The opening almost comes. Here is where I have another glass of wine and top up the hot water. I've learned that if the opening really comes to me, if the character pushes through the fog and steps into my world, if he is ready to live, really ready, not a good one but the one, then I just know, little bells ring, presses run, music plays, the opening resonates, buzzes, sings. The almost openings flutter in an out but the opening doesn't. It comes with a life, a history, a destiny. Truly, getting the exact feel is more than half the story.
Gabriel Garcia Marquez said, "One of the most difficult things is the first paragraph. I have spent many months on a first paragraph and once I get it, the rest just comes out very easily." Absolutely, Gabriel! "In the first paragraph you solve most of the problems with your book." Yes! Yes! "The theme is defined, the style, the tone. At least in my case, the first paragraph is a kind of sample of what the rest of the book is going to be." Smack on! "That's why writing a book of short stories is much more difficult than writing a novel. Every time you write a short story, you have to begin all over again." (Excellent, he should go far).
Yes an opening should interest, tilt us forward, but an opening does far more; it sets the agenda, it makes not just promises to us, but suggests to us how we should react, what mood we are likely to find here, how best we might take on the upcoming dream.
Tom is watching a movie with his mistress when something in the story-line touches him, and breaks through his well-constructed façade. His defenses breached, he thinks of his son and his small daughter. He begins to cry soundlessly. When his mistress realises her lover is upset, she tries to be kind, but her kindness makes the guilt worse and Tom snaps at her. She doesn't understand.
Once there were many prairie dogs and they decided their kingdom was fine and suited the prairie dog way of life. Some prairie dogs were large, some very small, but most of the prairie-dogs were middle-sized and their bark, more a yap, was conservative.
Two openings, but the contract with the reader is different.
I hope my openings are directive. I want them to intrigue and seduce but I want them to channel the story as a whole, to create in the reader a sense of a joint adventure, one of a type. If I'm trying to be funny, I need the reader to be thinking light music, not Beethoven's Fifth. If I want "serious", I don't want him whistling The Birdie Song. Like Gabriel Marquez, my openings take time but they contain the organic nature of the story as a whole, the theme, the tone, where I'm coming from, where I want the reader to go.
Look at the opening to Catch-22.
It was love at first sight. The first time Yossarian saw the chaplain he fell madly in love with him. Yossarian was in the hospital with a pain in his liver that fell just short of being jaundice. The doctors were puzzled by the fact that it wasn't quite jaundice. If it became jaundice they could treat it. If it didn't become jaundice and went away they could discharge him. But this being just short of jaundice all the time confused them.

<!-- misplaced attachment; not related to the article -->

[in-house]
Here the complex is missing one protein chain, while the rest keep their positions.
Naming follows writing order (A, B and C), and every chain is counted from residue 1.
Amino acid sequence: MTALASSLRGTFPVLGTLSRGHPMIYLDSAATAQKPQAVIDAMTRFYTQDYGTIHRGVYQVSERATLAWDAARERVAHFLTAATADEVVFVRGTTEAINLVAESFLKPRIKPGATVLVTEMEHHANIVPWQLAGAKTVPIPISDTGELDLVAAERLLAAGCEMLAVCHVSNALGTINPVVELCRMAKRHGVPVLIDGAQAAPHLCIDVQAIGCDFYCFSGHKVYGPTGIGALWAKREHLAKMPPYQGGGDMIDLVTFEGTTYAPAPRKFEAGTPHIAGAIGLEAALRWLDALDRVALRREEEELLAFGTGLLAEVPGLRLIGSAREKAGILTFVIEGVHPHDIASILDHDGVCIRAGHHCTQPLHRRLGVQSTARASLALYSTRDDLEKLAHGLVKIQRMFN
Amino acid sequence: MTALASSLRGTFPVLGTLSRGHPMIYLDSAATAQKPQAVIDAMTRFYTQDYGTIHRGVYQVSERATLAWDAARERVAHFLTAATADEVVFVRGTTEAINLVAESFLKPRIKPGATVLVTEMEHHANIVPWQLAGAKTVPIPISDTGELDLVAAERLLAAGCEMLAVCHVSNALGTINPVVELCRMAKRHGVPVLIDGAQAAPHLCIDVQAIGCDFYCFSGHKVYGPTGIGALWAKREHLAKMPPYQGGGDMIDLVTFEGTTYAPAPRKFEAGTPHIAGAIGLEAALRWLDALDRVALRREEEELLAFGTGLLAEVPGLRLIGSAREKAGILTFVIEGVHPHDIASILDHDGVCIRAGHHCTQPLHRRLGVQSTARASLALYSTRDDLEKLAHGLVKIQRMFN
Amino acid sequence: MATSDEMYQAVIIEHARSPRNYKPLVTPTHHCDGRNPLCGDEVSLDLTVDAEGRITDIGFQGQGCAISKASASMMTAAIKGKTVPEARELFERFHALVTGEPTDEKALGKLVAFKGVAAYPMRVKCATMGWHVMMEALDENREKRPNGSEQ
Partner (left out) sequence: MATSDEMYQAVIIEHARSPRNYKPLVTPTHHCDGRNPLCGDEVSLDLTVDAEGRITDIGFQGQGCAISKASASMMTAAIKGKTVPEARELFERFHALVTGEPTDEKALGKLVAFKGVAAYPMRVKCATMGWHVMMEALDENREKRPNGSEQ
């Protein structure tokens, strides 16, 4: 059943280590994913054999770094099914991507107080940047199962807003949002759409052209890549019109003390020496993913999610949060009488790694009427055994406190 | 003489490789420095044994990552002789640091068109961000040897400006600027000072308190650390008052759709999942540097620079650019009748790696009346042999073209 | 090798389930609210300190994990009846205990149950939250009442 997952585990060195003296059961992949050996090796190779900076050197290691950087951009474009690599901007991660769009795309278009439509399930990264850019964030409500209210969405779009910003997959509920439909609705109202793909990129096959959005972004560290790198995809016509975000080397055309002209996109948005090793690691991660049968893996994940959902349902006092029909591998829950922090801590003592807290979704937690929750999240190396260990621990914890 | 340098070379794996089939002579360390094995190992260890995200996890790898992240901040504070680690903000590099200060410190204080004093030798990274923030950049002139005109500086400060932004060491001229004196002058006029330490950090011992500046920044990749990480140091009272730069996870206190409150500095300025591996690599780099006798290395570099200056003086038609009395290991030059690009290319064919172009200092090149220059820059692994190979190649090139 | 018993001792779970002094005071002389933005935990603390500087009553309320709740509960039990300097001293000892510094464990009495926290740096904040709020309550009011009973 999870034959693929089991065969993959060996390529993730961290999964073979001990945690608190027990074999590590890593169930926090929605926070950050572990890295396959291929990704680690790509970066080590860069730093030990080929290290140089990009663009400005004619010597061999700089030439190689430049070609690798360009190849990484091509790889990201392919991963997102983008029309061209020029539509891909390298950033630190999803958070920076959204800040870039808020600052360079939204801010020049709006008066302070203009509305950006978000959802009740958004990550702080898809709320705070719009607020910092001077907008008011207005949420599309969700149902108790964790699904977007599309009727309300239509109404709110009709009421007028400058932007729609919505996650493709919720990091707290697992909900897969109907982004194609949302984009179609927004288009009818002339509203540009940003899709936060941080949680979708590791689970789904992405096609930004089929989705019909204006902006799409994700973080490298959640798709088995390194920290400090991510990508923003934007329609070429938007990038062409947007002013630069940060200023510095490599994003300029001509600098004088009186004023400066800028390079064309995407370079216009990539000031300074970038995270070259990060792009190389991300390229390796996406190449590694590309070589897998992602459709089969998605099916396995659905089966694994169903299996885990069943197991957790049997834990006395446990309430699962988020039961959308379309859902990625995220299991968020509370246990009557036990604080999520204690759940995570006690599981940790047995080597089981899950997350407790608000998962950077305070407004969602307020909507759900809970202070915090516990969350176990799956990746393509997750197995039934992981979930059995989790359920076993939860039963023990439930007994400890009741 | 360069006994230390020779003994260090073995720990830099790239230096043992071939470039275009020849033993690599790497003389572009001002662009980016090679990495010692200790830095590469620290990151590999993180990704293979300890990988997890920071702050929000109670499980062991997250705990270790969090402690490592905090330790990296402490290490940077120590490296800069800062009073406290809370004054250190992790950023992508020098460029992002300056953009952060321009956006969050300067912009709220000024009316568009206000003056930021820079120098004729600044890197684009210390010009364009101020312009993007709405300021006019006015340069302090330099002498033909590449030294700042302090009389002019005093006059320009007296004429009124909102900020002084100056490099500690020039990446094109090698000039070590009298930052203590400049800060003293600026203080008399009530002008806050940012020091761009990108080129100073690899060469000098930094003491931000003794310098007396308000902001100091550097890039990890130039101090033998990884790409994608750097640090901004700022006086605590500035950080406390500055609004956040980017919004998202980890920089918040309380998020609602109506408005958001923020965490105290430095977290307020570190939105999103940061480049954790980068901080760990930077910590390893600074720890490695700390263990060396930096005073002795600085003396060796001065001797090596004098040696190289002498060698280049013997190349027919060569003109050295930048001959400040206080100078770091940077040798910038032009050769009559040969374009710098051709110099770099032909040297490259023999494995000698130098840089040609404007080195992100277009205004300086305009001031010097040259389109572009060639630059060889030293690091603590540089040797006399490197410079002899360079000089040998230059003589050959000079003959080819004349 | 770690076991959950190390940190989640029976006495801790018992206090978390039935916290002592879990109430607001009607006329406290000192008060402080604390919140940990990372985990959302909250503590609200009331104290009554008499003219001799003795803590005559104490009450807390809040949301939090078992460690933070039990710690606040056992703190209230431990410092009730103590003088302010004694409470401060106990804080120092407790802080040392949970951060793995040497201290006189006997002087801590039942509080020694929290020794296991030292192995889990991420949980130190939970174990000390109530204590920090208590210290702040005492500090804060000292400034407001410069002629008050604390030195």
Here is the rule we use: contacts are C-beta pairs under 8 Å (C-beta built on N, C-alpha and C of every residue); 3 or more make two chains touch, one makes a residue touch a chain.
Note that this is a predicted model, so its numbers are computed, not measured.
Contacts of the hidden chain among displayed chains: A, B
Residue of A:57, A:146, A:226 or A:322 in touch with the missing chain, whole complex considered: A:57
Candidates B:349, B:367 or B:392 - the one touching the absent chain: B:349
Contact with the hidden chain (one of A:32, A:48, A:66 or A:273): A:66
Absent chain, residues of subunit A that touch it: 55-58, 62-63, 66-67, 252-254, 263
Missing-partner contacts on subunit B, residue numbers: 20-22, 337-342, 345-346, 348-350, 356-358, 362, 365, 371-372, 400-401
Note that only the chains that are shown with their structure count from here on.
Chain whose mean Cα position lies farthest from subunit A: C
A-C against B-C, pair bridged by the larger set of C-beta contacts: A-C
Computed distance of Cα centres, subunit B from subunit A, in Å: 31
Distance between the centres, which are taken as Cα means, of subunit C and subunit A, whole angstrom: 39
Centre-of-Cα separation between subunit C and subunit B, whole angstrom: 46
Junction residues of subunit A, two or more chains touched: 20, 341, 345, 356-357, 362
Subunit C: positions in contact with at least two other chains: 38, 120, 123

We get the main character, the tone, the craziness, the feel, immediately.
Or Cuckoo, mine.
Cold Monday morning, six o'clock. November. Brighton sea-front had to be grey, windswept and damp. It was, but as far as Caz Flood was concerned, it was the only place, the perfect place to be. Yesterday she had been a beat copper, a woodentop, today she was a DC, a detective constable, and nothing, but absolutely nothing, could stop her now.
Or Brighton again, Graham Greene.
Hale knew, before he had been in Brighton three hours, that they meant to murder him. With his inky fingers and his bitten nails, his manner cynical and nervous, anybody could tell he didn't belong - belong to the early summer sun, the cool Whitsun wind off the sea, the holiday crowd.
Or Raymond Chandler.
It was about eleven o'clock in the morning, mid October, with the sun not shining and a look of hard wet rain in the clearness of the foothills. I was wearing my powder-blue suit, with dark blue shirt, tie and display handkerchief, black brogues, black wool socks with dark blue clocks on them. I was neat, clean, shaved and sober, and I didn't care who knew it. I was everything the well-dressed private detective ought to be. I was calling on four million dollars.
Oh, I wish!!
British Crime and Literary Fiction Author Alex Keegan is publisher and editor of the British literary magazine, Seventh Quark. He is
creator of the five Caz Flood novels: Cuckoo (Headline Books, St. Martin's Press), Vulture,
Kingfisher, Razorbill (Headline Books) and A Wild Justice (Piatkus Books)
which all feature feisty female private investigator Catherine "Caz" Flood. Cuckoo was published in the U.S. by St Martin's Press, and
was nominated for an Anthony Award as best first novel.
His prize-winning short stories have been featured in numerous publications including Mystery and Manners, BBC Radio 4, Blue Moon Review, Southern Ocean Review, and The Atlantic. He is a Contributing Editor for The Internet Writing Journal. His blog can be found here.